According to VIXIO GamblingCompliance research, esports betting is currently expressly permitted by law or regulation in Arizona, Colorado, Connecticut, Louisiana, Maryland, Nebraska, Nevada, New Jersey, Ohio, Tennessee, Virginia, Washington, West Virginia and Wyoming.

Lawmakers in Iowa and Pennsylvania are considering legislation to facilitate esports betting, which is expressly banned by statute only in Indiana.

Johnson testified twice in Ohio and said he was confident Esports Entertainment Group was instrumental in getting esports into the state’s regulatory framework. He also testified last month before the Esports Technical Advisory Committee that is tasked with recommending regulations of esports competitions in Nevada.

Still, in terms of future U.S. expansion, Johnson said given the economic realities of dealing on a state-by-state basis, those states that have a “skins” regulatory structure requiring a partnership with a local land-based casino are economically prohibitive to 99 percent of esports operators.

“We did it in New Jersey to make a statement,” Johnson said. “We play with the big boys; it’s a credibility play. It was expensive and that’s why there is not other esports companies that have applied.”

Johnson admitted that going forward the more intriguing jurisdictions for Esports Entertainment Group are those where a brick-and-mortar operator is looking to do something in esports that it does not currently offer as a product.

“We have our software, our tech stack, that gives us the opportunities to partner with these operators or sports teams,” he said. “We are prioritizing revenue-share opportunities and deals with casinos, both commercial and tribal, as part of the initial rollout of our product.”

As for Rivalry, Salz said the U.S. is not top of the company’s list when it comes to expansion plans, although Rivalry has been having conversations about licensing its product and brand in the U.S.

“If you have a Venn diagram of addressable sports bettors in almost any market, the demo we hit does not really overlap with the one that is being targeted and approached by specific sportsbooks,” Salz said. “So any operator that is in multiple states would find a lot of success working with us to target a demographic … they definitely don’t have.”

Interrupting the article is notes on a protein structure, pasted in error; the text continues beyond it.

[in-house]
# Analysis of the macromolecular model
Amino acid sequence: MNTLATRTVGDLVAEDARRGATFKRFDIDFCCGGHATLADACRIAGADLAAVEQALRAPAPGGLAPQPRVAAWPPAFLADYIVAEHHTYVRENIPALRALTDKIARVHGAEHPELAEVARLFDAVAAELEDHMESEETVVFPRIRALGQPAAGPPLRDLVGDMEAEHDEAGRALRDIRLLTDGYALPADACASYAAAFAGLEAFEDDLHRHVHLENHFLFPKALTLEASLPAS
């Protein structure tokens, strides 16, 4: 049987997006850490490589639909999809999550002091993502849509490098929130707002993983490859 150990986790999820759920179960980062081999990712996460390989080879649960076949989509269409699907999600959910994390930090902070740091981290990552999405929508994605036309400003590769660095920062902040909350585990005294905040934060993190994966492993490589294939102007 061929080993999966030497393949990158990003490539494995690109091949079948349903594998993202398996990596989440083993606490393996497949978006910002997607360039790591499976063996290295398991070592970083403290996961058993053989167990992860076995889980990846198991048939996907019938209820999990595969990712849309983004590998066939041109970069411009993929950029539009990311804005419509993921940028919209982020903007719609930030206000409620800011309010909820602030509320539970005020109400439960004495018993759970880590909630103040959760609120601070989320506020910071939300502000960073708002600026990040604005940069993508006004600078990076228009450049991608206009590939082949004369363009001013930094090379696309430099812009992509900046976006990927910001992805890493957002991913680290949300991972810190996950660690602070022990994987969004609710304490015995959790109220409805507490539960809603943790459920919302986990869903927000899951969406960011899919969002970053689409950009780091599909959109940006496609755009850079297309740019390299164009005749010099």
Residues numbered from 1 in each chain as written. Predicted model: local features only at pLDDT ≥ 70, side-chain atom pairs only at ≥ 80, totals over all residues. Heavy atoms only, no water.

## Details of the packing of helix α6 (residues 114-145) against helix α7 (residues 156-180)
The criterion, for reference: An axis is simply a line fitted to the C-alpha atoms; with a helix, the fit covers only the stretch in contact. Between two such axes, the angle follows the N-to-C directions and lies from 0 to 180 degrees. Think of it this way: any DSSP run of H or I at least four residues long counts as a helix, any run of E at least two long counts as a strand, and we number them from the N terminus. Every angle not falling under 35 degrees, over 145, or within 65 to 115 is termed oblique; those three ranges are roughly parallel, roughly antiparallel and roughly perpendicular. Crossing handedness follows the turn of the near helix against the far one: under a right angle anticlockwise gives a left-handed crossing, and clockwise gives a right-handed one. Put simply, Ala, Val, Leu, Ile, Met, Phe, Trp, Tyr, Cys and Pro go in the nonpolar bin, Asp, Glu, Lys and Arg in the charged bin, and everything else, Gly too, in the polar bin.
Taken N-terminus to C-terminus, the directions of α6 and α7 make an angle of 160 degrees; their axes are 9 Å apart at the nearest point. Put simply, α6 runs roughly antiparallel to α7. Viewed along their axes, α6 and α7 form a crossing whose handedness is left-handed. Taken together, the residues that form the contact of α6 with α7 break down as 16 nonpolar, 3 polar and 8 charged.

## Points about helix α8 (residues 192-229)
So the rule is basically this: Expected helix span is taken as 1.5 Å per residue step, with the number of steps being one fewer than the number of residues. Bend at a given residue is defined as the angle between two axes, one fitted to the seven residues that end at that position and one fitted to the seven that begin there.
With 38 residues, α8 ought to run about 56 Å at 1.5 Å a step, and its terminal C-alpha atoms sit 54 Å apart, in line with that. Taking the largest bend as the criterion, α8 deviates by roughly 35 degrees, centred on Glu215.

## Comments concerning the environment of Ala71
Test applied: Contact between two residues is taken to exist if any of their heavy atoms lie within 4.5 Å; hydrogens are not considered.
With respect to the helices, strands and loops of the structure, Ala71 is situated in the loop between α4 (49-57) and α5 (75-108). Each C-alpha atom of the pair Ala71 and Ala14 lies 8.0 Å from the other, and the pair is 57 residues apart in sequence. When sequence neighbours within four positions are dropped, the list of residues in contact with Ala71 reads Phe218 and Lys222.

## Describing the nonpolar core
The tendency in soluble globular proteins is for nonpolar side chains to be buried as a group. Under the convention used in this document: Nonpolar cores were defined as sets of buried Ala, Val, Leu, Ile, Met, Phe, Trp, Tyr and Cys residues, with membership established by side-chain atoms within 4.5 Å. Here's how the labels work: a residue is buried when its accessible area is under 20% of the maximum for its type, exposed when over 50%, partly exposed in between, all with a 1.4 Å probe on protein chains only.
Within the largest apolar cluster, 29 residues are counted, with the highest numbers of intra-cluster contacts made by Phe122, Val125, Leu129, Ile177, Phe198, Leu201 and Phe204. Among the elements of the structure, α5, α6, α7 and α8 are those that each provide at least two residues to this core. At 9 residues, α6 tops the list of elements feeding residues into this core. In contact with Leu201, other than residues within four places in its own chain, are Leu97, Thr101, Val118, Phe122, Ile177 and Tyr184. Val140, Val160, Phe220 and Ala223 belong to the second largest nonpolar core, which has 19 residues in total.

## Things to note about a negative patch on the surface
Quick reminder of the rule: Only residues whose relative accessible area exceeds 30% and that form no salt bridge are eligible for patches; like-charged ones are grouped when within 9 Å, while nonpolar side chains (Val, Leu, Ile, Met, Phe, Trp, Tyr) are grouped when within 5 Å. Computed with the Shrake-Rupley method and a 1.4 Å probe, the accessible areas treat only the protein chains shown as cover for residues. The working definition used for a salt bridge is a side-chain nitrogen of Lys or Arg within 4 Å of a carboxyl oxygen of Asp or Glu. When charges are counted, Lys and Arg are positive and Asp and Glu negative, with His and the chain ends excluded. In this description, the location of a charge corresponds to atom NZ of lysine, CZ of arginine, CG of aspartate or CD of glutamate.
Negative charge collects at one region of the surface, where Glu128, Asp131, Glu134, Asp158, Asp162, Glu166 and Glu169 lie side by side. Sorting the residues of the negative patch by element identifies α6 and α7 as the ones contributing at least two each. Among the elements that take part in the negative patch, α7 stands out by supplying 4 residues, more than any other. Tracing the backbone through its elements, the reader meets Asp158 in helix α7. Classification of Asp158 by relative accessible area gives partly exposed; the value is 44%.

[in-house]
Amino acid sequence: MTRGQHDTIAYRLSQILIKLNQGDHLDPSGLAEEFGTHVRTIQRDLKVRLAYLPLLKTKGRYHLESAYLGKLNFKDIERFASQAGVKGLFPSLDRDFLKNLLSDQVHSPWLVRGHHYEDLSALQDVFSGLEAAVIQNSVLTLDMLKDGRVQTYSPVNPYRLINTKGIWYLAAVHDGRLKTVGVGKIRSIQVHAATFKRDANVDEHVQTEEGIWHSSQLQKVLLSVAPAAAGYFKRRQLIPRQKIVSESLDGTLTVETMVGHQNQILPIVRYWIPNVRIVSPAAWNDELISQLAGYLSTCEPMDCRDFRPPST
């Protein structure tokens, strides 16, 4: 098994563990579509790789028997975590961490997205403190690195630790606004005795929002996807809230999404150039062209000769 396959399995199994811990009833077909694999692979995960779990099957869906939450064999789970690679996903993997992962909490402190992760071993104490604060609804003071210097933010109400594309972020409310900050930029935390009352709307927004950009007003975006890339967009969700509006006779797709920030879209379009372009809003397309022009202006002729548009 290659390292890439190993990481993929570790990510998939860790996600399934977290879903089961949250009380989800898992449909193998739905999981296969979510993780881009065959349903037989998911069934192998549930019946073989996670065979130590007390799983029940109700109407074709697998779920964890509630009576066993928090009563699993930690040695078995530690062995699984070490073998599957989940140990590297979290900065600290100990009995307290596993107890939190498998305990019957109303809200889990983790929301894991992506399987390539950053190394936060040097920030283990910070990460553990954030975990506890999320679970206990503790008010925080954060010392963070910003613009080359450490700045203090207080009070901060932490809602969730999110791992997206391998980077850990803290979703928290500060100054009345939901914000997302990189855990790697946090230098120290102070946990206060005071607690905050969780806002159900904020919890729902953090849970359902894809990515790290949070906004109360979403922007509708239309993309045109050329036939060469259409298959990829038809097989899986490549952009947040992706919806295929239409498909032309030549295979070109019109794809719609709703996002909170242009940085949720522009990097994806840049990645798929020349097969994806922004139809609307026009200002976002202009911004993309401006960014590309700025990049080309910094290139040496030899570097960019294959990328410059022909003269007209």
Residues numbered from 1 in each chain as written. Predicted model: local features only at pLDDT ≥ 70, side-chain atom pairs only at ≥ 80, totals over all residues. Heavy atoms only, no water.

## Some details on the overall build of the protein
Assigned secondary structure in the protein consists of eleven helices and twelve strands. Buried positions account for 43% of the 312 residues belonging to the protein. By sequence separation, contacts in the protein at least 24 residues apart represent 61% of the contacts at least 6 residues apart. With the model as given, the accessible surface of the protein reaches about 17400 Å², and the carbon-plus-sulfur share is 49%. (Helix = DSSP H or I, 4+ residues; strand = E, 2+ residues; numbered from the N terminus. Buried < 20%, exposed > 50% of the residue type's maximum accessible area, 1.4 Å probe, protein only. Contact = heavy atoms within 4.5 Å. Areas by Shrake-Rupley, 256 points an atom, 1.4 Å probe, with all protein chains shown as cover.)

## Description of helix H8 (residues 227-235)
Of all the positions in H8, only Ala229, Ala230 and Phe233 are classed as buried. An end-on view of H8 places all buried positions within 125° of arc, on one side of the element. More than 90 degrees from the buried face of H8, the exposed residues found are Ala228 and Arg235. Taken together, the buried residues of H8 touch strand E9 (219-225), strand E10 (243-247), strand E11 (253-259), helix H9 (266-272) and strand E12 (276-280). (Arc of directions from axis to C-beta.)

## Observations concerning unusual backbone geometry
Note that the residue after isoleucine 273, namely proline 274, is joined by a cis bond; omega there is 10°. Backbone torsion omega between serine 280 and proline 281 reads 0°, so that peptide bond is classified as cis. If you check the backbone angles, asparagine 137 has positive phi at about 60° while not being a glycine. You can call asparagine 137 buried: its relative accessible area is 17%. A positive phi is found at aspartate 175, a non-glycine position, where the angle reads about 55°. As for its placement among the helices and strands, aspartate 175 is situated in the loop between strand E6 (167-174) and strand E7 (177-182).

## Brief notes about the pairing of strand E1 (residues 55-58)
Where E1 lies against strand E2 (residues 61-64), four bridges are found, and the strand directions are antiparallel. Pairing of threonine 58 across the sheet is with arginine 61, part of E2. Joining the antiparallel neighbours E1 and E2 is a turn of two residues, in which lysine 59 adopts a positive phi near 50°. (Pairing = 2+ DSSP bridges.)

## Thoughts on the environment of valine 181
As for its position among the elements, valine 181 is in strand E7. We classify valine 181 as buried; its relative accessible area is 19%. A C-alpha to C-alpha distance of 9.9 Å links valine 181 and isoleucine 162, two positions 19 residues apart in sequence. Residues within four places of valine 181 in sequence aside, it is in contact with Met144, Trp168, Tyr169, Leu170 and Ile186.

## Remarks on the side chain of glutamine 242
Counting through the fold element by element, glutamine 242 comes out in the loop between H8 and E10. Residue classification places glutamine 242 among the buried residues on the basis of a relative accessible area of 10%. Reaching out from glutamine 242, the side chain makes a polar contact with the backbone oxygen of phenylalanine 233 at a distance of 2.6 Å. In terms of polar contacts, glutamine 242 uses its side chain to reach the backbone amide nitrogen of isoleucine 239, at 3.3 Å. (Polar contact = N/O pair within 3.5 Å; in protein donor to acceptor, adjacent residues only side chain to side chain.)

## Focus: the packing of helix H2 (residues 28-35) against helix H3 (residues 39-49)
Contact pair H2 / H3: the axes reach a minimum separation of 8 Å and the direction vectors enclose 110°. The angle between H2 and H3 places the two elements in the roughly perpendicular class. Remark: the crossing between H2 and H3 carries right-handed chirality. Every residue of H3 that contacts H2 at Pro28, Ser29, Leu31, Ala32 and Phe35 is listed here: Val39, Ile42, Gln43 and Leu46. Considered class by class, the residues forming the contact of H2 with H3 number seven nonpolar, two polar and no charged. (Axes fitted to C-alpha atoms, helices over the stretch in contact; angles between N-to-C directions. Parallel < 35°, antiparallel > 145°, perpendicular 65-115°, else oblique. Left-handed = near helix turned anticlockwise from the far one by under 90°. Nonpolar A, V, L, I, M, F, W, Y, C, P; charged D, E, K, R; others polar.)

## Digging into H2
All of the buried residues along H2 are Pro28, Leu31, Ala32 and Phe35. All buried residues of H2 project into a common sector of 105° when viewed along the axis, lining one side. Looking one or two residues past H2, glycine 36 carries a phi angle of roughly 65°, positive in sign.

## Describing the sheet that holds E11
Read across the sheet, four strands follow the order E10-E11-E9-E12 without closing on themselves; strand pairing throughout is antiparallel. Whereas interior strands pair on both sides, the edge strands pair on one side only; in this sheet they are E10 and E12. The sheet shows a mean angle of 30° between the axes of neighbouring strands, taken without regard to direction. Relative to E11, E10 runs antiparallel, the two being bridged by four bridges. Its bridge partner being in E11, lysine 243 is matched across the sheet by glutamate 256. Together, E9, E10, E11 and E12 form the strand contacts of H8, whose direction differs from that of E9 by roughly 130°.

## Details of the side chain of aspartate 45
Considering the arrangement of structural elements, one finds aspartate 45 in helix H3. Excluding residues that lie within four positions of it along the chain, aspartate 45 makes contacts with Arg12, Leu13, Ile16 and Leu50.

Salz said Rivalry is specifically looking at international expansion, citing the cost of entering U.S. markets such as New Jersey, which he estimated at north of $10m factoring in direct licensing costs as well as market-access fees.

As well as Ontario, Rivalry is licensed in Northern Territory in Australia as well as the Isle of Man and is looking for licensure in specific Scandinavian counties, according to Salz.

“To our knowledge, the fee cost of all of our licenses plus potential markets in Europe in aggregate would be less than New Jersey alone,” he said.

Where Next in Canada?

Regulators in Ontario last year included both esports and fantasy sports in its standards for online sports betting and internet gaming, meaning wagering on those contests may be offered provided operators can be assured that the events in question meet the same integrity criteria that would apply to traditional sports.

In terms of future expansion in its home country, Salz said there are “lots of rumors” of other provinces considering how to reform their own online gambling markets.

“I wouldn’t be surprised if in the next 12 months you saw another province come forward like British Columbia or Alberta,” Salz said.

“It may not be the exact same model, but people want to see what happens in Ontario and how it plays out.”